To determine whether SARS-CoV-2 vaccination leads to the production of anti-Syncytin-1 antibodies, we analyzed plasma from 66 individuals collected at 3 different time points: prevaccination, 21 days after the first dose, and 2 months after the second dose; binding between the spike protein RBD and plasma components was verified as a positive control (Fig. 1B). We did not detect any crossreactivity with Syncytin-1 in the plasma of vaccinated individuals, in either the pre- or postvaccination samples, despite an increase in anti-spike protein titers (Fig. 1B). To determine whether SARS-CoV-2 infection induces antibodies against Syncytin-1, we tested the plasma of 37 COVID-19 patients collected at 28 days post recovery, and no anti-Syncytin-1 antibodies were detected in the plasma of these recovalescent patients (Fig. 1C). These results lead us to conclude that there is no - or at least no major - danger of female infertility due to the induction of Syncytin-1 crossreacting antibodies.

Our data are in line with findings from accidental pregnancies in COVID-19 vaccine trials in the United Kingdom. Their analysis demonstrated (1) no difference in the rate of accidental pregnancies between vaccinated and unvaccinated women and (2) no increased miscarriage rate [5]. Another recent study could not find evidence for an increased frequency of preterm delivery or fetal loss in women vaccinated during their pregnancy, suggesting that COVID-19 vaccines do not result in pregnancy disruption [8].

To our knowledge, this is the first study that experimentally addresses the question of whether vaccination against the SARS-CoV-2 spike protein induces antibodies against Syncytin-1. We did not detect crossreactivity between anti-SARS-CoV-2 spike protein antibodies and Syncytin-1.

References

  1. 1.

    Wodrag W, Yeadon M. Petition/motion for administrative/regulatory action regarding confirmation of efficacy end points and use of data in connection with the following clinical trial(s). 2020. https://2020news.de/wp-content/uploads/2020/12/Wodarg_Yeadon_EMA_Petition_Pfizer_Trial_FINAL_01DEC2020_EN_unsigned_with_Exhibits.pdf.

  2. 2.

    Gallaher B. Response to nCoV2019 Against Backdrop of Endogenous Retroviruses. 2020. http://virological.org/t/response-to-ncov2019-against-backdrop-of-endogenous-retroviruses/396.

  3. 3.

    Lavillette D, Marin M, Ruggieri A, Mallet F, Cosset FL, Kabat D. The envelope glycoprotein of human endogenous retrovirus type W uses a divergent family of amino acid transporters/cell surface receptors. J Virol. 2002;76:6442–52. https://doi.org/10.1128/jvi.76.13.6442-6452.2002.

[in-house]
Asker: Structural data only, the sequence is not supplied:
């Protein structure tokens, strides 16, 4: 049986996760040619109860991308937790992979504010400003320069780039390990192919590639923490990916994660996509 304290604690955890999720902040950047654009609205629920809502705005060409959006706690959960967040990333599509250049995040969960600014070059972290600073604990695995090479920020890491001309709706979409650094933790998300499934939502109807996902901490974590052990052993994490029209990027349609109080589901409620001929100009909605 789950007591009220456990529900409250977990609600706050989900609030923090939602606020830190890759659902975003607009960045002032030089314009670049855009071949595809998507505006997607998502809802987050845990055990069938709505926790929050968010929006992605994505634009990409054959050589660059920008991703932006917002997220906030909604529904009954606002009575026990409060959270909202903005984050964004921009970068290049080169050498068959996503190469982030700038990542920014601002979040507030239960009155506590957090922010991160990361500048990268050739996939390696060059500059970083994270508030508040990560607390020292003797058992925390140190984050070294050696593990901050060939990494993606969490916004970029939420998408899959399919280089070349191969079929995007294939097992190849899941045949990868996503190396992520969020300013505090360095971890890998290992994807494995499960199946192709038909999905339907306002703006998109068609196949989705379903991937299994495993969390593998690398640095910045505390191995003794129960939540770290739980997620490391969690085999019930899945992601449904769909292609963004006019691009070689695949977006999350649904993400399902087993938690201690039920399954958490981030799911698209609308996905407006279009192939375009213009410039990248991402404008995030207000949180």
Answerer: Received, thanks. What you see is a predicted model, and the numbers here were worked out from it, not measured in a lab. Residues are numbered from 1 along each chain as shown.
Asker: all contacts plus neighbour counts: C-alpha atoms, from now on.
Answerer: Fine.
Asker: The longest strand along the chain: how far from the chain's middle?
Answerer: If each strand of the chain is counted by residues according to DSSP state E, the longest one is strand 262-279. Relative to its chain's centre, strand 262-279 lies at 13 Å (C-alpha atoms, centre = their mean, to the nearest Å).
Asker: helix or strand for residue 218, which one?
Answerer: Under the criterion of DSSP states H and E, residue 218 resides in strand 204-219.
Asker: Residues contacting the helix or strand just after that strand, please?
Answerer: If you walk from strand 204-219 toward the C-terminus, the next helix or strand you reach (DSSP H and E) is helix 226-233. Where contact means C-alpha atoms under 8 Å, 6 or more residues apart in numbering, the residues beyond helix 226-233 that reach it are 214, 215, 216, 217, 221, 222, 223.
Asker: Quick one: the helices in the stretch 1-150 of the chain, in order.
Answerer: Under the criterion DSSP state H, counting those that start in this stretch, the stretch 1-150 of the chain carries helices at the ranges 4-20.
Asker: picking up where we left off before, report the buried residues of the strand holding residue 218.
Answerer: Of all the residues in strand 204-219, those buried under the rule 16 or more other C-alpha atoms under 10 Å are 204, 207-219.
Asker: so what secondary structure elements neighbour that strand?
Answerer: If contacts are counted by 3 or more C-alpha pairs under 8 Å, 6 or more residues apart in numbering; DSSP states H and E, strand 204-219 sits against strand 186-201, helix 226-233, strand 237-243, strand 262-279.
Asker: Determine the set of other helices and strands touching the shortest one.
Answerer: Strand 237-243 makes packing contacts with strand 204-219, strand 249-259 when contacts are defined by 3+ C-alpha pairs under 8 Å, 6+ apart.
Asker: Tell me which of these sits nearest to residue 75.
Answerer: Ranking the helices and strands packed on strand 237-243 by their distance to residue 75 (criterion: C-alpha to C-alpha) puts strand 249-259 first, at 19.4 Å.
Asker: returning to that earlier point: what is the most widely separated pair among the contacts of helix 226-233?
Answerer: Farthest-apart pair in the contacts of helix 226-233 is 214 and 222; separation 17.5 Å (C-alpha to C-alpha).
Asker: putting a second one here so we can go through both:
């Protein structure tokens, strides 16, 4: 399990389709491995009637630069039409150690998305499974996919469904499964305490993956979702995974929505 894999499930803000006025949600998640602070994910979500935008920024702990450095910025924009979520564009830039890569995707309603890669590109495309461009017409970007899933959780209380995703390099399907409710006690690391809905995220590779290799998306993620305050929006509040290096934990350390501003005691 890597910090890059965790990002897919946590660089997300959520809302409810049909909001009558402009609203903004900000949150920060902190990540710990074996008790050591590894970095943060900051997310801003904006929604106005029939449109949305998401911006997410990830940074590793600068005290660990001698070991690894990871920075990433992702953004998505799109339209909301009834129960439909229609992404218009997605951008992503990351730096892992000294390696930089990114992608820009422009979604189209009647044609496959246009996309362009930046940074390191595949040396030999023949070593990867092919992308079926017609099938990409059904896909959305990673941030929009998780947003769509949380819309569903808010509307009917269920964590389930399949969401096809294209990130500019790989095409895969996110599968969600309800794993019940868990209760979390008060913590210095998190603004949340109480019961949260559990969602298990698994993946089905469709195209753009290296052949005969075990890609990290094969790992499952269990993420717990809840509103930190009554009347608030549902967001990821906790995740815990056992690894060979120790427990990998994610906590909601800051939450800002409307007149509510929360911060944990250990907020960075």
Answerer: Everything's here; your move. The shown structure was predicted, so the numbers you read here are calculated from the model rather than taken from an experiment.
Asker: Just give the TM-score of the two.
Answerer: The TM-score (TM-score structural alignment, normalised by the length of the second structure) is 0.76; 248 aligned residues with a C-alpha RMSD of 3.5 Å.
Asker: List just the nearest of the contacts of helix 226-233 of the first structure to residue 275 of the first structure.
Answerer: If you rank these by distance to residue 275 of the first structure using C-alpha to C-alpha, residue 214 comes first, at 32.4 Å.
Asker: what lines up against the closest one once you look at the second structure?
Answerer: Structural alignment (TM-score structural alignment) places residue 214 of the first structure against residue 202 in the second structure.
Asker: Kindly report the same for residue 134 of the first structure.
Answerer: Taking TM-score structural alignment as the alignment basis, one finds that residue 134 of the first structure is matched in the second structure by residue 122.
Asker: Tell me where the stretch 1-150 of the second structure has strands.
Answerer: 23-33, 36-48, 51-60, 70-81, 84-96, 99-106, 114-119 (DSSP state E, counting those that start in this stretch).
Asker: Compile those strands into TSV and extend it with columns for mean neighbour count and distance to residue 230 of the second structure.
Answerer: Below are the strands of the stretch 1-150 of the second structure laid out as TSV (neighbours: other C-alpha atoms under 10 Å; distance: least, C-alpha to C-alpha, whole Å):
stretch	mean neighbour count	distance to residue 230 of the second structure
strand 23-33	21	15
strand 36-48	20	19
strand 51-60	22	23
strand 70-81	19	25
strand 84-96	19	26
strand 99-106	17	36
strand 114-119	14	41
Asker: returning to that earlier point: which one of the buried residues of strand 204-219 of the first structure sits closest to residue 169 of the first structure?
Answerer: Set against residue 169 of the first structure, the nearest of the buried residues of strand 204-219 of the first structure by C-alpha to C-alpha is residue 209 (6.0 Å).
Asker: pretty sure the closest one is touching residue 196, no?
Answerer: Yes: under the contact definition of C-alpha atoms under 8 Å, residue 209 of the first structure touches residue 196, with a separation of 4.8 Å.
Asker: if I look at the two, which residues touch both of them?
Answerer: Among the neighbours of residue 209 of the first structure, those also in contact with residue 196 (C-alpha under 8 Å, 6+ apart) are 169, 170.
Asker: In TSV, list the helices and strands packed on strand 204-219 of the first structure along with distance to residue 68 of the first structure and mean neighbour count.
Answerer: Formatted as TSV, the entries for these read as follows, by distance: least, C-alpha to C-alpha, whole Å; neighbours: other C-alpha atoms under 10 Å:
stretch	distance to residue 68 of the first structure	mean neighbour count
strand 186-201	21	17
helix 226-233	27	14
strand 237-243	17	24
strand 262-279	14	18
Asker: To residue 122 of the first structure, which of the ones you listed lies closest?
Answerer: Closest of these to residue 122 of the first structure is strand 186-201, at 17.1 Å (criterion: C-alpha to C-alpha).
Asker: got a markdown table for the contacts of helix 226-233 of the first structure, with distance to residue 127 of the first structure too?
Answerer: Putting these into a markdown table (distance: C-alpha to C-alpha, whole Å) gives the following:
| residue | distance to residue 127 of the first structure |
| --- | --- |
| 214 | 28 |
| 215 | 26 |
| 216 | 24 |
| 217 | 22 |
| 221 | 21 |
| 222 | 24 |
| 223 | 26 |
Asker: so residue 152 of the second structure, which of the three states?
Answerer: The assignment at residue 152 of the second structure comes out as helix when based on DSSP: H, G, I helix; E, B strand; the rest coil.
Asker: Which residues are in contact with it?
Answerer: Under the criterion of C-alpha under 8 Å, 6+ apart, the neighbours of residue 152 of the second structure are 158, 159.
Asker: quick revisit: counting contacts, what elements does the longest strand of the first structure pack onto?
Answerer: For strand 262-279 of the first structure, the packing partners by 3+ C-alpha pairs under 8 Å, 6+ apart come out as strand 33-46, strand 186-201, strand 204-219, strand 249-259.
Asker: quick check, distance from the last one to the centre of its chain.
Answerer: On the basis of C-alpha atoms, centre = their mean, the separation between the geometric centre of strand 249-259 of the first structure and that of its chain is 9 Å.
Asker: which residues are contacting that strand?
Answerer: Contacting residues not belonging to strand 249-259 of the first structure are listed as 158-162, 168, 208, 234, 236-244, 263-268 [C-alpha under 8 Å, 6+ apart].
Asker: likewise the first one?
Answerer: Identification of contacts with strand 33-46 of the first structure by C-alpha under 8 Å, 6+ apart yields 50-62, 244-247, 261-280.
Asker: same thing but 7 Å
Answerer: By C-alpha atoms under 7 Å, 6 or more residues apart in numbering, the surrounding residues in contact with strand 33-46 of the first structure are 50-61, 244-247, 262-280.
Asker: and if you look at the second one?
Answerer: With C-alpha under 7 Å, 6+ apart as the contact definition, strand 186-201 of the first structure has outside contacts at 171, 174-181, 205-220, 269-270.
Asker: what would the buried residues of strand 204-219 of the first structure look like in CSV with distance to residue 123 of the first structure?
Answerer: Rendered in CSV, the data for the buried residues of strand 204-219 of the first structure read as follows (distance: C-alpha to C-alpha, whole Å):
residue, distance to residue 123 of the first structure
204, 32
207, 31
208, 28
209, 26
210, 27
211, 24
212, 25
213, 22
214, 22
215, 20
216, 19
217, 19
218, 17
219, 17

CAS  Article  PubMed  PubMed Central  Google Scholar 

  4. 4.

    Lu-Culligan, AIA;. in New York Times (26 Jan 2021) 2021. https://www.nytimes.com/2021/01/26/opinion/covid-vaccine-rumors.html.

  5. 5.

    Male V. Are COVID-19 vaccines safe in pregnancy?. Nat Rev Immunol. 2021;21:200–1. https://doi.org/10.1038/s41577-021-00525-y.

    CAS  Article  PubMed  Google Scholar 

  6. 6.

    Buus S, Rockberg J, Forsström B, Nilsson P, Uhlen M, Schafer-Nielsen C. High-resolution mapping of linear antibody epitopes using ultrahigh-density peptide microarrays. Mol Cell Proteom. 2012;11:1790–1800. https://doi.org/10.1074/mcp.M112.020800.

    CAS  Article  Google Scholar 

  7. 7.

    Taylor PC, Adams AC, Hufford MM, de la Torre I, Winthrop K, Gottlieb RL. Neutralizing monoclonal antibodies for treatment of COVID-19. Nat Rev Immunol. 2021;21:382–93. https://doi.org/10.1038/s41577-021-00542-x.

    CAS  Article  PubMed  Google Scholar 

  8. 8.

    Shanes ED, Otero S, Mithal LB, Mupanomunda CA, Miller ES, Goldstein JA. Severe acute respiratory syndrome coronavirus 2 (SARS-CoV-2) vaccination in pregnancy: measures of immunity and placental histopathology. Obstet Gynecol. 2021;138:281–3. https://doi.org/10.1097/AOG.0000000000004457.

    CAS  Article  PubMed  PubMed Central  Google Scholar 

Download references

Acknowledgements

This study was funded by the Ministry of Education, Singapore (MOE2019‐T2‐2‐087). Plasma samples were collected in accordance with the Helsinki declaration after written consent from volunteers under an approved Institutional Review Board protocol NUS-IRB REF NO: LH-20-013.

Author information

Affiliations

Authors

Contributions

J.L.L. generated the Syncytin-1-expressing cell line and performed the homology analysis of Syncytin-1 and the spike protein. M.P. measured anti-Syncytin-1 reactivity. Y.G. and R.G. measured anti-SARS-CoV-2 RBD protein reactivity. P.A.M. organized the plasma samples and supervised the study. H.S. wrote the paper and supervised the study.

Corresponding author

Correspondence to Herbert Schwarz.

Ethics declarations

Competing interests

The authors declare no competing interests.

Supplementary information

Rights and permissions

Reprints and Permissions

About this article

Verify currency and authenticity via CrossMark

Cite this article

Prasad, M., Lin, J.L., Gu, Y. et al. No crossreactivity of anti-SARS-CoV-2 spike protein antibodies with Syncytin-1. Cell Mol Immunol 18, 2566–2568 (2021). https://doi.org/10.1038/s41423-021-00773-x

Download citation

Search

Quick links